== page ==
At the risk of stating the obvious, our choice of words, tone, pitch, and jargon influences others’ perception of, and receptivity to, our message.
Of course, when we have been tactless (often inadvertently), or worse, have offended the other party, everything we say to them subsequently is coloured by their associating us with a ‘negative’ tone. This may mean that they can no longer register the validity of the points we are making.
Skill in managing relationships without offending or upsetting people is widely recognised as a key leadership quality. Diplomatic speech is one part of that skill, and similar standards apply regardless of the ‘status’ or role of the person we are speaking with.
The way we engage in dialogue is determined primarily by our intentions. Depending on the desired outcome, dialogue can be constructive or damaging. Making a deliberate choice in favour of respectful dialogue is a key determinant in achieving a positive result. A simplified illustration of the range of positive and negative intentions we choose between is provided below.
Derived from the Greek ‘dialogos‘ (through words), dialogue is only one of a number of ways we use words to exchange meaning with each other. While it ostensibly refers to communications between two parties, it is a term we happily apply to any verbal (and non-verbal) exchange involving two or more participants. Other terms such as ‘trialogue’ (three-way exchange), ‘quadrilogue’ (four-way exchange), and ‘multilogue’ (many-to-many exchange e.g. social media) exist, but it seems we generally prefer to use ‘dialogue’ as a substitute. (See header image above).
Some distinctions have been drawn in previous posts between types of discourse and types of hearing (see links below). In one of those posts, ‘dialogue’ was highlighted as one of four deliberative styles (diatribe, debate, discourse, and dialogue), however, the distinctions between different types of dialogue were not referenced. This post now seeks to draw some of those distinctions, chiefly relying on differences in the context of the exchanges and the intentions of the participants.
Self-evidently, many purposes are served by dialogue and communication. For example, dialogue in a non-profit organisation can seek to discover the truth, conduct better research, improve services through stakeholder engagement, or reach a consensus in a social or institutional setting. It can be conducted informally and privately, or more formally in the presence of others, some of whom may themselves be participants. Depending on how it is conducted, of course, it can also serve to confirm and support the existing power dynamics.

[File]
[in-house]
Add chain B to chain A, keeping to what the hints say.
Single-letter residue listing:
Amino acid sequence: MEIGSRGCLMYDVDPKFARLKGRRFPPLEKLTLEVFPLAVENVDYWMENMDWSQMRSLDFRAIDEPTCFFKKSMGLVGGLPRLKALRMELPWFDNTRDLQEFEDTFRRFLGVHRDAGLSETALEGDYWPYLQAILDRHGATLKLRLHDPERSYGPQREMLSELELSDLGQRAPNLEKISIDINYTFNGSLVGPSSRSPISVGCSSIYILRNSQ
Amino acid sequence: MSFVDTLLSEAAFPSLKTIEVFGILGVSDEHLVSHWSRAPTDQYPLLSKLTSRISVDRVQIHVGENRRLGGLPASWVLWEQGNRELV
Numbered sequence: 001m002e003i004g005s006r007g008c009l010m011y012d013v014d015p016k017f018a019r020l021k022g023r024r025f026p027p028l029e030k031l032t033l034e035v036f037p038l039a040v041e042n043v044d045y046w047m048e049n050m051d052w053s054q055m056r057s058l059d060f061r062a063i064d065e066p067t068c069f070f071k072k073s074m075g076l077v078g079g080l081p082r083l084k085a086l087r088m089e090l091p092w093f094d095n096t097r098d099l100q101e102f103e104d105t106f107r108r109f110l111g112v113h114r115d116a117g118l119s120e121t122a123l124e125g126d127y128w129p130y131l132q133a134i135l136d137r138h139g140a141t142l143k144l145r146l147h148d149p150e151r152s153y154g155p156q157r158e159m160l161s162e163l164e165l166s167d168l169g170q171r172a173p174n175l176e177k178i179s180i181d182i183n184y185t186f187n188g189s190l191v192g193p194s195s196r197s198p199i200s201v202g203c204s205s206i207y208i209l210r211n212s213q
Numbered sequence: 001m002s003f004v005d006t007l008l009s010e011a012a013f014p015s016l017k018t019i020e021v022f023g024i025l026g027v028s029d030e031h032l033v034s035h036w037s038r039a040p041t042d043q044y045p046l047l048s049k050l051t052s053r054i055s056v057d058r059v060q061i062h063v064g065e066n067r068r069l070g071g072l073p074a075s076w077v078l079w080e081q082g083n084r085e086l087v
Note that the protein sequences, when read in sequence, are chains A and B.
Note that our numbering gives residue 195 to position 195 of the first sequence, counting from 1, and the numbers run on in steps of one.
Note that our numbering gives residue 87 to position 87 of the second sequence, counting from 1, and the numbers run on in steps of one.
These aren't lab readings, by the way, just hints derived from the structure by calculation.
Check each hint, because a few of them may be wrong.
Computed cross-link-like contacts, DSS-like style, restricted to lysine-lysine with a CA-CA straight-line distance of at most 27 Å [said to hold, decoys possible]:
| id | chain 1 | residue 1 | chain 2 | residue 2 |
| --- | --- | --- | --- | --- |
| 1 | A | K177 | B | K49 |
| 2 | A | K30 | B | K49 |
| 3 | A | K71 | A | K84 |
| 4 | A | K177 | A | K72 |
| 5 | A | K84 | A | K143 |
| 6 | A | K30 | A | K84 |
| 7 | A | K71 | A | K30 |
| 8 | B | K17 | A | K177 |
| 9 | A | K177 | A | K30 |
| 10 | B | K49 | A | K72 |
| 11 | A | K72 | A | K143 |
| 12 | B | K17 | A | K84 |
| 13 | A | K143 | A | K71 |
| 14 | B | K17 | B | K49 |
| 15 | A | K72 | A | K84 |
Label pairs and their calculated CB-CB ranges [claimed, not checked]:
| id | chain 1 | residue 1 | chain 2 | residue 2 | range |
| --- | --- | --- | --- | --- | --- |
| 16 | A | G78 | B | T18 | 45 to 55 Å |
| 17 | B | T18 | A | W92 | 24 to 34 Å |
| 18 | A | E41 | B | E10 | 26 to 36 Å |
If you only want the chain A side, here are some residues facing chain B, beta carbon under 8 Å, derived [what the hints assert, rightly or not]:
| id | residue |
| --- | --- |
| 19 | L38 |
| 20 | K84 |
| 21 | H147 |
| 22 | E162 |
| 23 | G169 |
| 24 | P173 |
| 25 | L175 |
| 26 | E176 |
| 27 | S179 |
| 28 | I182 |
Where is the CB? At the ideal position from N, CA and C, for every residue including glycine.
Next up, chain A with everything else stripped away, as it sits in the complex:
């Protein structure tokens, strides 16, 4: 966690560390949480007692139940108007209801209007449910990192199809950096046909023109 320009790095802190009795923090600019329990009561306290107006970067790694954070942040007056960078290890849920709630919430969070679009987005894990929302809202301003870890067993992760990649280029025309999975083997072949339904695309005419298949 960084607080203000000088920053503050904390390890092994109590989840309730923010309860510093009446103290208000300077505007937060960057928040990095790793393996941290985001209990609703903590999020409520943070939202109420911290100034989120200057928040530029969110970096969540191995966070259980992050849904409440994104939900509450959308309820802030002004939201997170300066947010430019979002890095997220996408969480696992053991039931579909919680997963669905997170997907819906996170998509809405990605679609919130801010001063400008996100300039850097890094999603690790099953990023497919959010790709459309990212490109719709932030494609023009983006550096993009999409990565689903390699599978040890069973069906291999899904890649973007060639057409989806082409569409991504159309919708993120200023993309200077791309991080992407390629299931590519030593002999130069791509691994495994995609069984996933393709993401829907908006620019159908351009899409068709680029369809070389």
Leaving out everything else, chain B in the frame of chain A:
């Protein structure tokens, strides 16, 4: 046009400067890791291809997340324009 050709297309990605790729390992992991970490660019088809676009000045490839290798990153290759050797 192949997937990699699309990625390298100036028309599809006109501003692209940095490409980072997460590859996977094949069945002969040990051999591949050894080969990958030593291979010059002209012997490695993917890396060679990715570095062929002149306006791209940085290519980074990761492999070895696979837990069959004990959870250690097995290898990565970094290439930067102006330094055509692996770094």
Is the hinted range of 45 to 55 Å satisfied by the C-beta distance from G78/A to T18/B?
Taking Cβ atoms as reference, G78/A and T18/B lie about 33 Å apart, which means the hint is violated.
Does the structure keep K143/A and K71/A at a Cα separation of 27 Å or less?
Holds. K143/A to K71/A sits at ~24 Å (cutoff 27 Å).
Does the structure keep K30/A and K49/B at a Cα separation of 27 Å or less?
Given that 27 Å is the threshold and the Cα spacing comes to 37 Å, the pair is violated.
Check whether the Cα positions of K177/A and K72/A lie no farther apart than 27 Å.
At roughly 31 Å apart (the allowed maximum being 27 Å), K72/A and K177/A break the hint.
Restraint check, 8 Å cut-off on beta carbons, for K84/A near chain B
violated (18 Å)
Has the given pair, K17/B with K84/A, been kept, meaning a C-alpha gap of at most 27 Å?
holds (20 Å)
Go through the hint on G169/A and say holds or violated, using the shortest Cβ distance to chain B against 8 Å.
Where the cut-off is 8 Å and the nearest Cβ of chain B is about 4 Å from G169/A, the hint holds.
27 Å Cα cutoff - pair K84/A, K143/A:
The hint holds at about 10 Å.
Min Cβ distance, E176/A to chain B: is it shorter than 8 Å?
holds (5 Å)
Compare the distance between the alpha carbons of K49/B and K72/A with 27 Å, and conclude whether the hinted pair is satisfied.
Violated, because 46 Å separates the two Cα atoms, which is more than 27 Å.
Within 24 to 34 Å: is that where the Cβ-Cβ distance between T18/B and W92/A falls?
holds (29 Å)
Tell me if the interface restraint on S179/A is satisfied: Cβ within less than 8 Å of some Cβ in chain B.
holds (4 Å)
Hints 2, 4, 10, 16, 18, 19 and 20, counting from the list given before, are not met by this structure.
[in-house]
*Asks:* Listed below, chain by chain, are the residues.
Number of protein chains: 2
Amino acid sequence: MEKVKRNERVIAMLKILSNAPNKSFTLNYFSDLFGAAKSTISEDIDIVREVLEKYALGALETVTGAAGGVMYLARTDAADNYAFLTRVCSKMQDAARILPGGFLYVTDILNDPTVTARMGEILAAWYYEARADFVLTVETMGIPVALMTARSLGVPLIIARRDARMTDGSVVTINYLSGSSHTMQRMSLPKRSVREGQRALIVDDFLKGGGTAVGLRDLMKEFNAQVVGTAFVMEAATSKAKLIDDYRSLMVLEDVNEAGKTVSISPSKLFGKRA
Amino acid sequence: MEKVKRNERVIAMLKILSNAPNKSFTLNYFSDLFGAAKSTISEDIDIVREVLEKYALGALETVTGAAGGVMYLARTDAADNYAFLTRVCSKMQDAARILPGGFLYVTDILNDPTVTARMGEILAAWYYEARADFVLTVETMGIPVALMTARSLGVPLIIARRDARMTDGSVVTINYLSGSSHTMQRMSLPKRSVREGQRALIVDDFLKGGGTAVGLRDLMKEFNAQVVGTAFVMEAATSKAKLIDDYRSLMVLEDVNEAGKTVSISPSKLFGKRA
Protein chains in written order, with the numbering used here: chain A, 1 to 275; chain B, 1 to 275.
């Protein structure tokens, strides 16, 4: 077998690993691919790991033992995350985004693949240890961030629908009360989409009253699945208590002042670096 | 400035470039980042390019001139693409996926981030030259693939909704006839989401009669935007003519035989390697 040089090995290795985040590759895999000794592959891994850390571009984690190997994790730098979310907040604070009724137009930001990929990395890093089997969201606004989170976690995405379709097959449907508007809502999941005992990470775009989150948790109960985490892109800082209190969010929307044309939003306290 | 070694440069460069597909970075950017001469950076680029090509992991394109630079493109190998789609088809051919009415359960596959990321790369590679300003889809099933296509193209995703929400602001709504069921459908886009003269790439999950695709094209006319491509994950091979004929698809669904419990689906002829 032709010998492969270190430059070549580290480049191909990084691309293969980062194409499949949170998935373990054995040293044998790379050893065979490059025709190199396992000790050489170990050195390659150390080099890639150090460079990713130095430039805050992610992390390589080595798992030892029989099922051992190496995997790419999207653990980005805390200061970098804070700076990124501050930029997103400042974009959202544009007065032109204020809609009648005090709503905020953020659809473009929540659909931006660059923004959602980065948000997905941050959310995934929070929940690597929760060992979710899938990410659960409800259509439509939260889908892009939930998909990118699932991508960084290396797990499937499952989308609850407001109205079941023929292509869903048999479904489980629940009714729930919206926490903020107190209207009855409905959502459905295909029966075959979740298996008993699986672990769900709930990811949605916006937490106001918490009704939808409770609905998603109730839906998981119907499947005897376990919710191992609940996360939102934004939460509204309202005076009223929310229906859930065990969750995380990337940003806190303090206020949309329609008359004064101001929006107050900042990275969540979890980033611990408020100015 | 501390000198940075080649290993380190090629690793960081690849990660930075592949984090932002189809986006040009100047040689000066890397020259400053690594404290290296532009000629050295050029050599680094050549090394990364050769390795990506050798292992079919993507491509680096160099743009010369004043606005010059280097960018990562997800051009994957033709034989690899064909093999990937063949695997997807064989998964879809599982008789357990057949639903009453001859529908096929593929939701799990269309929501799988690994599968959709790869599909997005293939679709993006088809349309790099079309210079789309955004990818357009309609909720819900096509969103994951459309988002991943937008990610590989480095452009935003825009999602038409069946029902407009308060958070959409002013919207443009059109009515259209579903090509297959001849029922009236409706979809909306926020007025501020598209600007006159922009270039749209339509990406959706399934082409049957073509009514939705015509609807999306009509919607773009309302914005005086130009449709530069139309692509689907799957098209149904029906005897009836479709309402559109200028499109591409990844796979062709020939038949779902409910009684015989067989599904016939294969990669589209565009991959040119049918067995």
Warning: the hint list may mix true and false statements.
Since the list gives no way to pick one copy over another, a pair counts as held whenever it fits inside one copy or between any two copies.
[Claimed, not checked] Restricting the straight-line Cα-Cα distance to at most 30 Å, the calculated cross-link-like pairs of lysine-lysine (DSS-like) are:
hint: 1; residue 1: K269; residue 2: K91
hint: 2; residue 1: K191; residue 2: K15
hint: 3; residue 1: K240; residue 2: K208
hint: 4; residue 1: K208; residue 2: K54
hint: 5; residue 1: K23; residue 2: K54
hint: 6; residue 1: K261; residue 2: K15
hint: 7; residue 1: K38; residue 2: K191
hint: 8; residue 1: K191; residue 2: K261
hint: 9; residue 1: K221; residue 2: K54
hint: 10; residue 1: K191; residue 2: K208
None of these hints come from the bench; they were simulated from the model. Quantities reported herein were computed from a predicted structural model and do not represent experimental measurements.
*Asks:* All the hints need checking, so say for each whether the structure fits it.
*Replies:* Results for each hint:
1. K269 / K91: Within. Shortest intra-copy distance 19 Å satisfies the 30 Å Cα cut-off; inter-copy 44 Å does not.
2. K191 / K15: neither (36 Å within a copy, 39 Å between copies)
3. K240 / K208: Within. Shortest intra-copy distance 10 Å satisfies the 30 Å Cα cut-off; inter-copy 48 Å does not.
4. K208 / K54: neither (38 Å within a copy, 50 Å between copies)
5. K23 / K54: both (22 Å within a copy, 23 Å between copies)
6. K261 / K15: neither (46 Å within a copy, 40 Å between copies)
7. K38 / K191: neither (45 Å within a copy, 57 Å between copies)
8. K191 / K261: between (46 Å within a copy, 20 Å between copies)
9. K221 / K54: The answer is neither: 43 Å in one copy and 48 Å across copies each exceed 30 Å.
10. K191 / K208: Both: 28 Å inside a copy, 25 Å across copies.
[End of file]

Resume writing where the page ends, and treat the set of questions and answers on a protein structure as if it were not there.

Some readers may have noted the absence of strategic dialogue from the above typology. This omission is intentional, as it is a term normally reserved for communications about defence and intelligence matters. Consequently, I suggest that non-profits engaging in dialogue about their organisational strategies are using deliberative and/or generative dialogue.
Apart from the various names we give to different types of dialogue, we also use various adjectives. Common collocations (words that are paired with one another) of dialogue are listed below.
In mentoring, dialogue is used as a reflective tool in which the parties act as sounding boards for each other. If one party is directing the other in some way, then perhaps the relationship should be described as coaching, or even supervision.
Mentors do ask questions, of course, intended to aid reflection by the mentee. Hopefully, they allow for more than one correct answer though and respect the autonomy of the mentee.
The dialogical self
Dialogical self-theory is an interesting concept, as it goes beyond the self-other dichotomy to see the self as ‘a society of mind’. In this way, the self is extended beyond internal positions to accommodate external positions as well. This recognises the mind’s ability to imagine the different positions of participants in an internal dialogue, in close connection with external dialogue.
The theory also considers that processes such as self-conflicts, self-criticism, and self-agreements occur within separate internal aspects or domains of the self. These processes are not symptoms of multiple personality disorder, but rather a recognition that we each perform different roles and have evolved (and continue to evolve) various personas to deal with them.
Our sense of personal identity is moderated and adjusted moment by moment according to the context in which we find ourselves. When at work, we prioritise positions and perspectives associated with our role/s. When in social or family settings, we prioritise perspectives according to the relationships and values appropriate to those contexts. Sometimes the self-narratives we use employ multiple perspectives, which may be either opposed to each other or complementary.
Your dialogue repertoire
Recognising the availability of many styles of dialogue, and that we each have the power to choose the tone of our interactions with internal and external stakeholders, is a key step towards improving our leadership skills. When we see others as worthy of respect, even when they are adversarial, we can both act with integrity and increase the likelihood of a win/win outcome.